WASHINGTON (Yonhap) -- With Koreans set to decide whether to embrace the first female president in their traditionally male-dominated nation, a leading candidate, Park Geun-hye, has drawn a mixed assessment of her role and stature in the women's rights field, a U.S. newspaper reported Tuesday.
Park, a member of the conservative ruling party, is in the home stretch of a tight race with Moon Jae-in of the liberal opposition bloc.
Koreans will begin cast their ballots on Tuesday afternoon (Washington time). The winner is expected to be announced as early as Wednesday morning.
If Park wins, it would "represent a major symbolic breakthrough in a region underpinned by Confucianism, a Chinese-born philosophy that says women should be obedient to their husbands," the Washington Post said.
Park could help normalize the idea of women holding positions of power, opening the door for others at universities, in the corporate world or in government, the paper added.
Citing some gender equality experts, however, The Post said the effect of Park's presidency on the women's rights movement may be limited.
"The greatest lesson might be a dispiriting one: If you want to become a female leader, it helps if you're the child of a president," it reported.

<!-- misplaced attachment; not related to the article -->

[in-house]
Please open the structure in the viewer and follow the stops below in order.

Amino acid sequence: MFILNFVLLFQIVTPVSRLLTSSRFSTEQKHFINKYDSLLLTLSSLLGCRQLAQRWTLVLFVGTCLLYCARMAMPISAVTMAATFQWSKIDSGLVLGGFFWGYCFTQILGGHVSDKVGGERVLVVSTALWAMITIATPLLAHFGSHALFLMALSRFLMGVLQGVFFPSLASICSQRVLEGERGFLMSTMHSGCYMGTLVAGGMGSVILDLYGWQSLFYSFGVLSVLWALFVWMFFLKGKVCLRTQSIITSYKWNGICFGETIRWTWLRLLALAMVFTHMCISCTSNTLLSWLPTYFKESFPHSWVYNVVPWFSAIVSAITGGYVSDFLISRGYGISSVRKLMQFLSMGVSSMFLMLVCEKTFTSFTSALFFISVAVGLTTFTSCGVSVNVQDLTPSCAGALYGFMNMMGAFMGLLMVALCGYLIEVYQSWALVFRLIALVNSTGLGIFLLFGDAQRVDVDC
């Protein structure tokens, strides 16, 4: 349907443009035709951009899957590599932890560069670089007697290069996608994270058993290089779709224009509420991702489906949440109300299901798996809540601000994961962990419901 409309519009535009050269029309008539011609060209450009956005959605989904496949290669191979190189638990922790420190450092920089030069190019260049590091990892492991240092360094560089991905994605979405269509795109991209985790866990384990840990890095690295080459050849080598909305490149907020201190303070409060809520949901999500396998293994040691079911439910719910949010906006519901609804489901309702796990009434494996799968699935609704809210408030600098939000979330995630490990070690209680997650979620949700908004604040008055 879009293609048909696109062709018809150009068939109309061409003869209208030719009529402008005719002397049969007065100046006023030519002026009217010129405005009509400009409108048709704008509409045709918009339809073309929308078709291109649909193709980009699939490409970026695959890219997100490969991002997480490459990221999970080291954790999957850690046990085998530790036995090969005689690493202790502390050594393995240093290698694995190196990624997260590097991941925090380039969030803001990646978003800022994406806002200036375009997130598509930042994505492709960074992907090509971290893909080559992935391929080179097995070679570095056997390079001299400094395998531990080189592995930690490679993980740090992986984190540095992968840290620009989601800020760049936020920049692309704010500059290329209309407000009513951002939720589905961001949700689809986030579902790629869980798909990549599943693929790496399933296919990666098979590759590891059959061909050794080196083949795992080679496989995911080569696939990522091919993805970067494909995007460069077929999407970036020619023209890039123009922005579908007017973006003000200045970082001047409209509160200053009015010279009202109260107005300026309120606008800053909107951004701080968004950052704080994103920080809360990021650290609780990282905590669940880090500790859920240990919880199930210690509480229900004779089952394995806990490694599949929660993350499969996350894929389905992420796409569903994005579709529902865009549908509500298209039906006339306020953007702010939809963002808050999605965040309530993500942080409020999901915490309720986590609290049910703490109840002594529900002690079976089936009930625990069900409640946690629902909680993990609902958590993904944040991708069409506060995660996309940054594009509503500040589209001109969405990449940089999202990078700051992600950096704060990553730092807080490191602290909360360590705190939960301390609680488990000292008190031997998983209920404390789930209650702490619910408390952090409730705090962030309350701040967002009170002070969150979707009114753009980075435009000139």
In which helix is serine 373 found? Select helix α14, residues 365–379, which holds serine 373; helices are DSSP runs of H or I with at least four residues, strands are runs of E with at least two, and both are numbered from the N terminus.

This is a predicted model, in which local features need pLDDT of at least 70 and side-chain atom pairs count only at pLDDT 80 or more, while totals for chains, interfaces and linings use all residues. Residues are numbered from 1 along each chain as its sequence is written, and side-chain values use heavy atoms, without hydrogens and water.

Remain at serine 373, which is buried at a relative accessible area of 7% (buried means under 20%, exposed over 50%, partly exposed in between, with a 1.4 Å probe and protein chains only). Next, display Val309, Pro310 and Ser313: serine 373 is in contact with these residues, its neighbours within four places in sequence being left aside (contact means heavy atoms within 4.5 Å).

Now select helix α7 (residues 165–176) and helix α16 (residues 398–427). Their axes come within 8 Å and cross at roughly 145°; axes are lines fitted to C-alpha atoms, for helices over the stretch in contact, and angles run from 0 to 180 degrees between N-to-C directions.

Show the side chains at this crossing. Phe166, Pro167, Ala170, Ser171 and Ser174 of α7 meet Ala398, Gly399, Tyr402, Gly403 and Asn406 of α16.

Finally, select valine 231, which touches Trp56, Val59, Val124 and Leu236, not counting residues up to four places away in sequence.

The newspaper was referring to her father, Park Chung-hee, who seized power in a 1961 military coup and ruled the nation for 18 years before being assassinated by a close aide.
Supporters of the late president claim Korea would not have achieved such rapid economic growth without his strong leadership. Critics argue that his dictatorship stalled the country's development of democracy.
Park Geun-hye is especially popular among elderly people who are nostalgic about his father.
"Most accomplished Korean women started from the ground level and have worked their way up while facing discrimination," Kim Hyun-young, a professor of gender studies at Kookmin University in Seoul, was quoted as saying.
While Park's party describes her as a "motherly leader" who can resolve tough issues in a relative smooth manner with few struggles, Moon's camp criticizes the use of gender as a campaign strategy.
Moon's party says it is questionable whether Park, a 60-year-old who has never married, fully understands women's worries and hardships, according to the Post.
Furthermore, it remains uncertain how much gender issues will affect the race because presidential polls show the race dominated by economic and security issues, the newspaper pointed out.